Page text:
In Arkansas, incumbent Republican John Boozman is running for re-election. Boozman should easily win both his primary and general election; this race is rated as Safe Republican, and in a Trump +28 state, it would have been this way regardless of the lean of the cycle.
In Georgia, Herschel Walker and Raphael Warnock look set to cruise to victory in their respective races, with the Republican and Democratic primaries being rated as safe Walker and safe Warnock, respectively. This will set up a general election matchup that is likely to be among the tightest in the nation, and Split Ticket rates the November election as a Tossup. While Warnock is an exceptionally strong candidate, the cycle is likely to be fairly Republican, and he will need to outrun Abrams and the national environment by a good bit in order to win. This is not out of the question, and a recent SurveyUSA poll showed Warnock beating Walker by 5, despite Abrams losing to Kemp by 5 in the same survey. But it is a challenging task, and one that gives Republicans an excellent chance at flipping the seat lost in the 2021 runoffs.
Alabama provides perhaps the most intriguing primary matchup, with Congressman Mo Brooks (AL-05), former Senate aide Katie Britt (Richard Shelby’s former Chief of Staff), and businessman Mike Durant all vying to fill the seat held by retiring Republican Richard Shelby. The GOP nomination is the de-facto election for this seat, and given that no candidate appears close to cracking the 50% threshold, a runoff appears the most likely scenario.
Although Mo Brooks began as the Trump-endorsed favorite, his candidacy began to lag badly, and he soon began to trail both Britt and Durant. This prompted the former president to pull his endorsement under the pretext of Brooks being insufficiently favorable towards Trump’s baseless claims of fraud in the 2020 election. However, as Britt and Durant pivoted to attacking each other, treating Brooks as a non-factor, the congressman suddenly began to surge in the race again. While Brooks still trails Britt in the polls, he has overtaken Durant for second, and he is now one of the two favorites to make it to the runoff for the GOP nomination.
We project that this race is likely to go to a runoff between Katie Britt and Mo Brooks, with Britt finishing first on Tuesday and Brooks finishing second, and Britt being the favorite in a runoff against either Brooks or Durant. Though we think Brooks is currently favored to clinch the second spot in the runoff, Durant has a shot of making it to the runoff and should not be discounted. Republican nominee, though, should easily hold this seat in November, which we rate as Safe Republican.
The Peach State has become one of the most competitive states in the country, dashing over five points between the 2016 and 2020 presidential races to narrowly favor Joe Biden by 0.3%. Likewise, the gubernatorial election in 2018 featured the narrowest Republican margin of victory since their winning streak began in 2002. This is mostly due to Republican decline in the Atlanta suburbs, which had once been the sole Republican base in the state.
The narrow Biden victory in the state presents Georgia Republicans with two issues. The first being the inherent electoral dangers seen in competiting in unfriendly territory. Biden almost certainly got more votes than anyone else in the state’s history, and if trends among white college-educated suburbanites continue, it seems unlikely that Republicans can win the state by double-digits under current coalition configurations.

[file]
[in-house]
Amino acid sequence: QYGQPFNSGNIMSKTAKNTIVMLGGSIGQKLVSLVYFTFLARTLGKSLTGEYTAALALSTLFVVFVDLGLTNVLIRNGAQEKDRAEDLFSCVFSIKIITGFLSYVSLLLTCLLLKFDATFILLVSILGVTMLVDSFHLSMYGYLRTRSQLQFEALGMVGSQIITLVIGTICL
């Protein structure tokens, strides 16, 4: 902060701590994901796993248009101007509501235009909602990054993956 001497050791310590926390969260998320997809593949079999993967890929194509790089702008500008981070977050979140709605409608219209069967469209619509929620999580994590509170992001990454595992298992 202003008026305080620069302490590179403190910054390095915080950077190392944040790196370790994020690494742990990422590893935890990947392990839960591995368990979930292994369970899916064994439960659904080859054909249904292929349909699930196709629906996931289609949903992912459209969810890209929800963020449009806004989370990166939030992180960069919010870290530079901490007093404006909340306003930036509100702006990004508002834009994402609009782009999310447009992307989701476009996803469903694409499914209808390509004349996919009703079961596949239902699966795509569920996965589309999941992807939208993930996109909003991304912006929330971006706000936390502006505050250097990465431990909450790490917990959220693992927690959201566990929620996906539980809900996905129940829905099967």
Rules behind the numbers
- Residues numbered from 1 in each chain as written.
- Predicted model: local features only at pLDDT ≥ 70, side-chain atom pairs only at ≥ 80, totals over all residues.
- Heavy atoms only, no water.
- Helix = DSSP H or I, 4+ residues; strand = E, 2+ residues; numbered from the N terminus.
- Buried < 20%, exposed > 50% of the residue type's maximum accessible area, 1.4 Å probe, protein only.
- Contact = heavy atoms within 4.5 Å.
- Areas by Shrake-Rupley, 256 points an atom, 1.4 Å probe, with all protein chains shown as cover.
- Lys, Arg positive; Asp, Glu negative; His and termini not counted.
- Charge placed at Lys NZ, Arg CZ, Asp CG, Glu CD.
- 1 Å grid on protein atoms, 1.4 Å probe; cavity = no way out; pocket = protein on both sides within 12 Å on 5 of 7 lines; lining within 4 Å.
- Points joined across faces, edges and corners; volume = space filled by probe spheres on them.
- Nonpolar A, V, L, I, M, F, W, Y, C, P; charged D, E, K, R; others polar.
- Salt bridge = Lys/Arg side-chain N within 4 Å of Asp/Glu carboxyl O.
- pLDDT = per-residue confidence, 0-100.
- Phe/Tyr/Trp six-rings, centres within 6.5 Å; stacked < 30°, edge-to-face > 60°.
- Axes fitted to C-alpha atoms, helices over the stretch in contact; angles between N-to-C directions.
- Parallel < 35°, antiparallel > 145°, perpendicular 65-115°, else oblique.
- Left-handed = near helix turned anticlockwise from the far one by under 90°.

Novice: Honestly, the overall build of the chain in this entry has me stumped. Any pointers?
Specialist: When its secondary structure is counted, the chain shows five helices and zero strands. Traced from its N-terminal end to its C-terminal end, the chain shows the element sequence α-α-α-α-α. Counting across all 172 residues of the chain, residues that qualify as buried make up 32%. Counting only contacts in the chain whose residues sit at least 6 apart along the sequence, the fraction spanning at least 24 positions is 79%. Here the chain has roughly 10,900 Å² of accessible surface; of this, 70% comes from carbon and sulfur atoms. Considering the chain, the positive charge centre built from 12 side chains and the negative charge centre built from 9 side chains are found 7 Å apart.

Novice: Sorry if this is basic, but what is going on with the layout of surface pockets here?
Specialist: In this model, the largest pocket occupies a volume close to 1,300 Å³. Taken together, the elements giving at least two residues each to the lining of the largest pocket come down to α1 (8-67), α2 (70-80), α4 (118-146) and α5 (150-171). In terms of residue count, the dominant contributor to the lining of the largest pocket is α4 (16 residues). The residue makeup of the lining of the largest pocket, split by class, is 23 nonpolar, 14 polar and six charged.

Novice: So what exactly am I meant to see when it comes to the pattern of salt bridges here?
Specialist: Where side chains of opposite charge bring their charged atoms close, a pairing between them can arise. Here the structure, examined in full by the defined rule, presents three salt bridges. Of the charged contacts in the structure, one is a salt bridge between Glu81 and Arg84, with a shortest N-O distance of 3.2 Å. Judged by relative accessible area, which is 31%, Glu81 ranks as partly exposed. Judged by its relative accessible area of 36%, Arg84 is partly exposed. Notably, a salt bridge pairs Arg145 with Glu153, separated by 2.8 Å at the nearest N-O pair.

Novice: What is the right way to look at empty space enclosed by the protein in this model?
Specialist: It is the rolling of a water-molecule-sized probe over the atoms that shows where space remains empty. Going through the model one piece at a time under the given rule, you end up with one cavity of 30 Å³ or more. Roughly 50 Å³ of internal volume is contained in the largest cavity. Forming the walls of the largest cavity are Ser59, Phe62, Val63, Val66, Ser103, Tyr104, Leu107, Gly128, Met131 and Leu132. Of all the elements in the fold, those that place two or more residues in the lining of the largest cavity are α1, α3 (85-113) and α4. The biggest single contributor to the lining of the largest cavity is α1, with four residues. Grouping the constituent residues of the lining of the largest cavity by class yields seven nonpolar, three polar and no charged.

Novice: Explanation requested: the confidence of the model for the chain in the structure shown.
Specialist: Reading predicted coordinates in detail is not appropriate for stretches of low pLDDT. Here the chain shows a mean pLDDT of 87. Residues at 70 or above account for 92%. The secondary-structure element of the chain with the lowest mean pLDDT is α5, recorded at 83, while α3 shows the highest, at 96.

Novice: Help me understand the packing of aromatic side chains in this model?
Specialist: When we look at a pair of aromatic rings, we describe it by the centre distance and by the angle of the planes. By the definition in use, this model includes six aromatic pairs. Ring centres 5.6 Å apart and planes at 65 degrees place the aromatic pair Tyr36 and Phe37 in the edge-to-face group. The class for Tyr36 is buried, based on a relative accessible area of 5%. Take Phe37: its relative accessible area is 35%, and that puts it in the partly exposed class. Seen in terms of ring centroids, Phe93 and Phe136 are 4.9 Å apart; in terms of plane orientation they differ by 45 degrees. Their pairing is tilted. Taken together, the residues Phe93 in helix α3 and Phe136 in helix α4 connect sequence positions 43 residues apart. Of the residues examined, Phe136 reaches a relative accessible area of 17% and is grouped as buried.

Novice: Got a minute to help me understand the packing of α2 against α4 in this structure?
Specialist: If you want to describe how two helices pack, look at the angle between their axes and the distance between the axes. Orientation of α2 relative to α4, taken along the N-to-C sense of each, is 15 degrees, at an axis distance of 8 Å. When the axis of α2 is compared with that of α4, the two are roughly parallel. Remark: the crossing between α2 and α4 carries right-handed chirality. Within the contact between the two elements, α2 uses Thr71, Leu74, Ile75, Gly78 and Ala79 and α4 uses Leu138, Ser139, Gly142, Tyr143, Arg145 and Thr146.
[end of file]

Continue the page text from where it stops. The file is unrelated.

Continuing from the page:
If Georgia continues to swing towards Democrats, then incumbent Republican Governor Brian Kemp will need to hope that such trends don’t erase his 1.4% margin of victory over Stacey Abrams from four years ago. Both are presumptive nominees for a rematch for the governorship this year, despite former President Trump’s endorsement of former Senator David Perdue.
This brings us to the second issue: the narrow election result in Georgia resulted in an outbreak of conspiracy theories regarding the integrity of the state’s election. Gov. Kemp’s commitment to the rule of law went against Trump’s wishes to have the result favoring Biden overturned. David Perdue’s subsequent loss in the following January Senate runoff election brought him and Trump together in an attempt to ouster Kemp in the Republican primary.
While Kemp is running the obvious lane as an incumbent governor, Perdue has focused on election integrity, listed by his campaign website as both his top post-Senate accomplishment and top issue as a gubernatorial candidate. Despite his efforts to closely tie himself to Donald Trump, Perdue has been struggling to crack 35% of the primary vote in various polls, while Kemp has seen his polled voteshare soar.
Split Ticket rates this primary race as Safe Kemp and Safe Abrams (who has no competitor in the Democratic primary), with the two presumptive nominees facing each other in a repeat of their 2018 matchup.
In the Yellowhammer State, incumbent Kay Ivey faces a splintered primary field featuring four candidates. Despite resting precariously close to 50% in the polls, Ivey benefits from having a divided opposition, and should be easily coast to nomination whether through one or two rounds of voting.
The caveat which complicates her renomination is that Alabama primary rules require that a majority of votes go to a winner. If Kay Ivey falls short of the 50% threshold, she will have to face a second round on June 21st against the second-place challenger.